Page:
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Santa Barbara Businesses Praise the 'Sideways' Effect

7 Oct, 2014 By: Chris Tribbey

SANTA BARBARA, Calif. — Ask just about anyone doing business in this picturesque wine country, and they’ll sing the praises of Sideways until you ask them to stop.

Well, almost everyone.

“Merlot lost a third of its market share after the film,” laughed Gabe Saglie, a wine columnist for the Santa Barbara News-Press. “While pinot [noir] has seen a 15% to 17% jump.”

While makers of merlot may still be seething at Paul Giamatti’s character Miles swearing: “I am NOT drinking any f---ing Merlot!” everyone else is still reaping the benefits of the film a decade later. 20th Century Fox Home Entertainment Oct. 7 released a 10th anniversary Blu-ray Disc of the film, which put Santa Barbara wine country and the businesses featured in the film on the map.

“It’s wonderful, the tremendous amount of success that poured into this area [after the film’s release],” said actress Virginia Madsen (Dune, The Number 23), following a screening of the film. “There was a while there when I couldn’t walk into a winery. It would turn into a three-hour shoot. [Sideways] changed my life.”

It changed the lives of a lot of people. Dick Doré of Foxen Winery & Vineyard said that after Sept. 11, 2001, his business suffered for years. After Sideways: “We couldn’t make enough wine.” The winery was debt free a year after the film’s release, thanks to the influx of tourists wanting to visit the winery seen in the film.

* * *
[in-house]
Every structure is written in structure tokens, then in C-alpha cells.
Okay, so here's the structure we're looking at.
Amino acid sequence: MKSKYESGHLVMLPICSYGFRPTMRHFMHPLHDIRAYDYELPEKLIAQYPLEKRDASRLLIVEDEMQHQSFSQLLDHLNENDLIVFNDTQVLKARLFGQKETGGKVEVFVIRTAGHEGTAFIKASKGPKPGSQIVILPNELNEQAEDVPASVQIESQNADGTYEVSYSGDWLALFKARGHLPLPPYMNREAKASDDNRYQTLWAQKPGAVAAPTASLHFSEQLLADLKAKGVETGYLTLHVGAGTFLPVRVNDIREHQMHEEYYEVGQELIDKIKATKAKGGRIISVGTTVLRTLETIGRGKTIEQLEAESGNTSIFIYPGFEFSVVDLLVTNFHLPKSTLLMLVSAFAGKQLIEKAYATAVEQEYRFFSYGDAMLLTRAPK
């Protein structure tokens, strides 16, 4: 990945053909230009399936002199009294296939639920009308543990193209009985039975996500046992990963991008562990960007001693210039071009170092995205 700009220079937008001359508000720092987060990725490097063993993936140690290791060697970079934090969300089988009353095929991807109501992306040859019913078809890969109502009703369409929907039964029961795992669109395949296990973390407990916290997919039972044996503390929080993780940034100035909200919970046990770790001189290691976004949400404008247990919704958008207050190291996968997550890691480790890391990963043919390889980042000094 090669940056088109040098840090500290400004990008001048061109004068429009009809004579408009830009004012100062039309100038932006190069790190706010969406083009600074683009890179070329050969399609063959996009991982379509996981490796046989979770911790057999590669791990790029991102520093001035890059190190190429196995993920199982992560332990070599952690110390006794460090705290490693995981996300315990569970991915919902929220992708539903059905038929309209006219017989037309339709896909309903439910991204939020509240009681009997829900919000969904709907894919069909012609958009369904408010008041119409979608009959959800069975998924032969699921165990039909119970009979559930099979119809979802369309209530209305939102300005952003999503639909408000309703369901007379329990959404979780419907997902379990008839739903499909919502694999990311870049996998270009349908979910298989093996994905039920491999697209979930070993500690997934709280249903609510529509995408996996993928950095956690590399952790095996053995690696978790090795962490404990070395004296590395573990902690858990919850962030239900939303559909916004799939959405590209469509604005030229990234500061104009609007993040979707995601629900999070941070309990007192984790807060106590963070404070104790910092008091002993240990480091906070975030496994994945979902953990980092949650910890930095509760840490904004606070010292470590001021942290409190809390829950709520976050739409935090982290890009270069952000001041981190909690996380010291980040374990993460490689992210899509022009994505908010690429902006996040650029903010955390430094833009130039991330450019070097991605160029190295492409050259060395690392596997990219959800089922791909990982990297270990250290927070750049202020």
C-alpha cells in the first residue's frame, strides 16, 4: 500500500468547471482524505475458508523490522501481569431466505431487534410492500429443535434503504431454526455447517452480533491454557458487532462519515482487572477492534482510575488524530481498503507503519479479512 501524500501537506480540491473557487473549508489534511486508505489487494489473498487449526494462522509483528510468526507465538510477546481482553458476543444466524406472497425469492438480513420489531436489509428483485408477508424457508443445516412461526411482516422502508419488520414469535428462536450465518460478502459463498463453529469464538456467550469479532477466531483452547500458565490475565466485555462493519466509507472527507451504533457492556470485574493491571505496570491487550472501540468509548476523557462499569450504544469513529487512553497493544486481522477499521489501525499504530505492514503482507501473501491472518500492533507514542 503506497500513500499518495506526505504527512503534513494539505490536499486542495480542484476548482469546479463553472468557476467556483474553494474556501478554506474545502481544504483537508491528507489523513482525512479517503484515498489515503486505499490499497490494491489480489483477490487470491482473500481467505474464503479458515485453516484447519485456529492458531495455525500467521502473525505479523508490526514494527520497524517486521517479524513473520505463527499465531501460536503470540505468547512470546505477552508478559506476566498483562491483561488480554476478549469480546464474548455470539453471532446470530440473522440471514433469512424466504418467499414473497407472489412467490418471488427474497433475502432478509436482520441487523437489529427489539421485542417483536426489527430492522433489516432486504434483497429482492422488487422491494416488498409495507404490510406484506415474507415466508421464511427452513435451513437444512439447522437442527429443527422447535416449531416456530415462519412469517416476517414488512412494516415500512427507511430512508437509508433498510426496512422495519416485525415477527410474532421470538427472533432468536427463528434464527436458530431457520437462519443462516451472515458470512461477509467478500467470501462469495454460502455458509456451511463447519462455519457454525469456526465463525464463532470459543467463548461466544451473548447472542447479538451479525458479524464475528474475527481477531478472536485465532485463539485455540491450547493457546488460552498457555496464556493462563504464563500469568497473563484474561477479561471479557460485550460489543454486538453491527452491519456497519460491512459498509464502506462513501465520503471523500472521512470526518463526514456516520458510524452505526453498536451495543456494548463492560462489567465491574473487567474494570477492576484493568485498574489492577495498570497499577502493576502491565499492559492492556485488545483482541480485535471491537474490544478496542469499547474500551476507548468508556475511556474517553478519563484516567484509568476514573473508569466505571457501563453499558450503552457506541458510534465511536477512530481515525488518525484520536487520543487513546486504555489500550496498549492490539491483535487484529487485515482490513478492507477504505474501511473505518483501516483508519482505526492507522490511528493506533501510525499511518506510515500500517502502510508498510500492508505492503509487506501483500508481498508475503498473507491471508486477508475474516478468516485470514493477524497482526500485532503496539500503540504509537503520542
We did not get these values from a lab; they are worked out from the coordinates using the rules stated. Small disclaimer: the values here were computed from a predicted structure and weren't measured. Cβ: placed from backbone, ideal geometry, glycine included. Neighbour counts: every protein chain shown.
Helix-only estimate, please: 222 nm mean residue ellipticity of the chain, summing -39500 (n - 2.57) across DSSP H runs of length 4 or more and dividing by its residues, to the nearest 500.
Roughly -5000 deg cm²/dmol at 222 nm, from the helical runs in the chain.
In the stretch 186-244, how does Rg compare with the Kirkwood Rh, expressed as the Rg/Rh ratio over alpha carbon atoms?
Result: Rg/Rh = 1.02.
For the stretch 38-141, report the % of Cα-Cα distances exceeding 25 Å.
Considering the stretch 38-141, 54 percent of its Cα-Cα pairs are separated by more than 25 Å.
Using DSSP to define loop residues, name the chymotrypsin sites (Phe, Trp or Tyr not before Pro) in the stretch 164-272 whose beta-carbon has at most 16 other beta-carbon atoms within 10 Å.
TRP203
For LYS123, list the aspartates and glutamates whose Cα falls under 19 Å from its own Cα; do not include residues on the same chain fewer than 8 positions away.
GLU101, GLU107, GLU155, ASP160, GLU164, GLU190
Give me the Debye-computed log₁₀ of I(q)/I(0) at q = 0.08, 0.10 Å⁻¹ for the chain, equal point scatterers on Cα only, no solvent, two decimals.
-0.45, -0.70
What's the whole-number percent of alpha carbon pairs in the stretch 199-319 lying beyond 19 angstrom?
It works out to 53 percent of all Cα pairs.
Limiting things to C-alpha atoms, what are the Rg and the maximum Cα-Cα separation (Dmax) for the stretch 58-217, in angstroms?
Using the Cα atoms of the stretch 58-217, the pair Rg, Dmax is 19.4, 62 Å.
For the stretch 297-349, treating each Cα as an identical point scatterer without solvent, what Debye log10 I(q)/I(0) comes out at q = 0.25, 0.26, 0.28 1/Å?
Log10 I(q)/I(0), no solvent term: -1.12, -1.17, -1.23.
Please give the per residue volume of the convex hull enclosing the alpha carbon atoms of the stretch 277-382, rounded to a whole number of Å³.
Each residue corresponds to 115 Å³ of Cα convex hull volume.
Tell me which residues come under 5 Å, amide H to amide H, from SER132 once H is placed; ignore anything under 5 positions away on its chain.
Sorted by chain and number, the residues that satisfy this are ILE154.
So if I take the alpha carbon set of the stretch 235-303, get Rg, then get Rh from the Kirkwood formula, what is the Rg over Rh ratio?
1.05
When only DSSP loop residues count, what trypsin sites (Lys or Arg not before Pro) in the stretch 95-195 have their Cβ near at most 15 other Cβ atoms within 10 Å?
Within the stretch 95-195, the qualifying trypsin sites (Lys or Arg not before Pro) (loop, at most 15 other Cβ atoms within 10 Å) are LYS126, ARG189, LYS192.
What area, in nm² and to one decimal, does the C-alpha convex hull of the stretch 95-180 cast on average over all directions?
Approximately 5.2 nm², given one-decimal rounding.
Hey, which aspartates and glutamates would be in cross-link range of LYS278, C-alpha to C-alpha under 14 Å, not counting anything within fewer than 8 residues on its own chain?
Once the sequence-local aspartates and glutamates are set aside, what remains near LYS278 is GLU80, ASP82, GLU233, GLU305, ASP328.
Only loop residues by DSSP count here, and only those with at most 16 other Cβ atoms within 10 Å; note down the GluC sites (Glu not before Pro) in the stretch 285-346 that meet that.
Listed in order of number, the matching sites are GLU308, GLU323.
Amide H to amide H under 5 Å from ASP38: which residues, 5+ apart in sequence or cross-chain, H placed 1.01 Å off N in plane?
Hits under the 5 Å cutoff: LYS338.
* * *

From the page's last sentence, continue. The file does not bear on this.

Sideways did a lot for us, and did a lot for Santa Barbara County,” said Martin Brown, winemaker with Kalyra Winery, which is featured in the film. “And thankfully we were already making a pinot!”

Matthew Negrete, GM for Los Olivos Wine Merchant Café — where Miles bashes merlot outside and drunk dials his ex-wife inside — points to the initial DVD release of Sideways as the turning point for his business. “When it came out on DVD, it was five people deep at the bar,” he marveled. “It was awesome.” The restaurant still offers a Sideways dining option: a three-course meal with a glass of wine for less than $40.

Frank Ostini, owner of The Hitching Post II (the restaurant repeatedly featured in the film) said that before Sideways, he only sold less than 4,000 cases of Hitching Post wines a year. Today that’s 22,000. “And it’s only because of Sideways,” he said.

As for the merlot dig, Madsen likes to point out that some of the complaints from vintners are unfounded if they actually pay attention to the film.

“People in Napa send me letters wanting me to make up for it,” Madsen laughed. She points out that the 1961 Château Cheval Blanc that Miles depressingly chugs in a fast food restaurant out of a paper cup is a blend of merlot and cabernet franc. “You wine snobs,” she said, smiling.

Ostini said that there was simply a lot of “crap” merlot at the time at the time, and that Sideways simply thinned the ranks. “And pinot became ascendant,” he added.

Sideways writer and director Alexander Payne (who won an Oscar for Best Adapted Screenplay for the film) is still shocked about the business impact the movie had for Santa Barbara County.

“It’s just a movie,” he said.

Not for the people out here, it isn’t.

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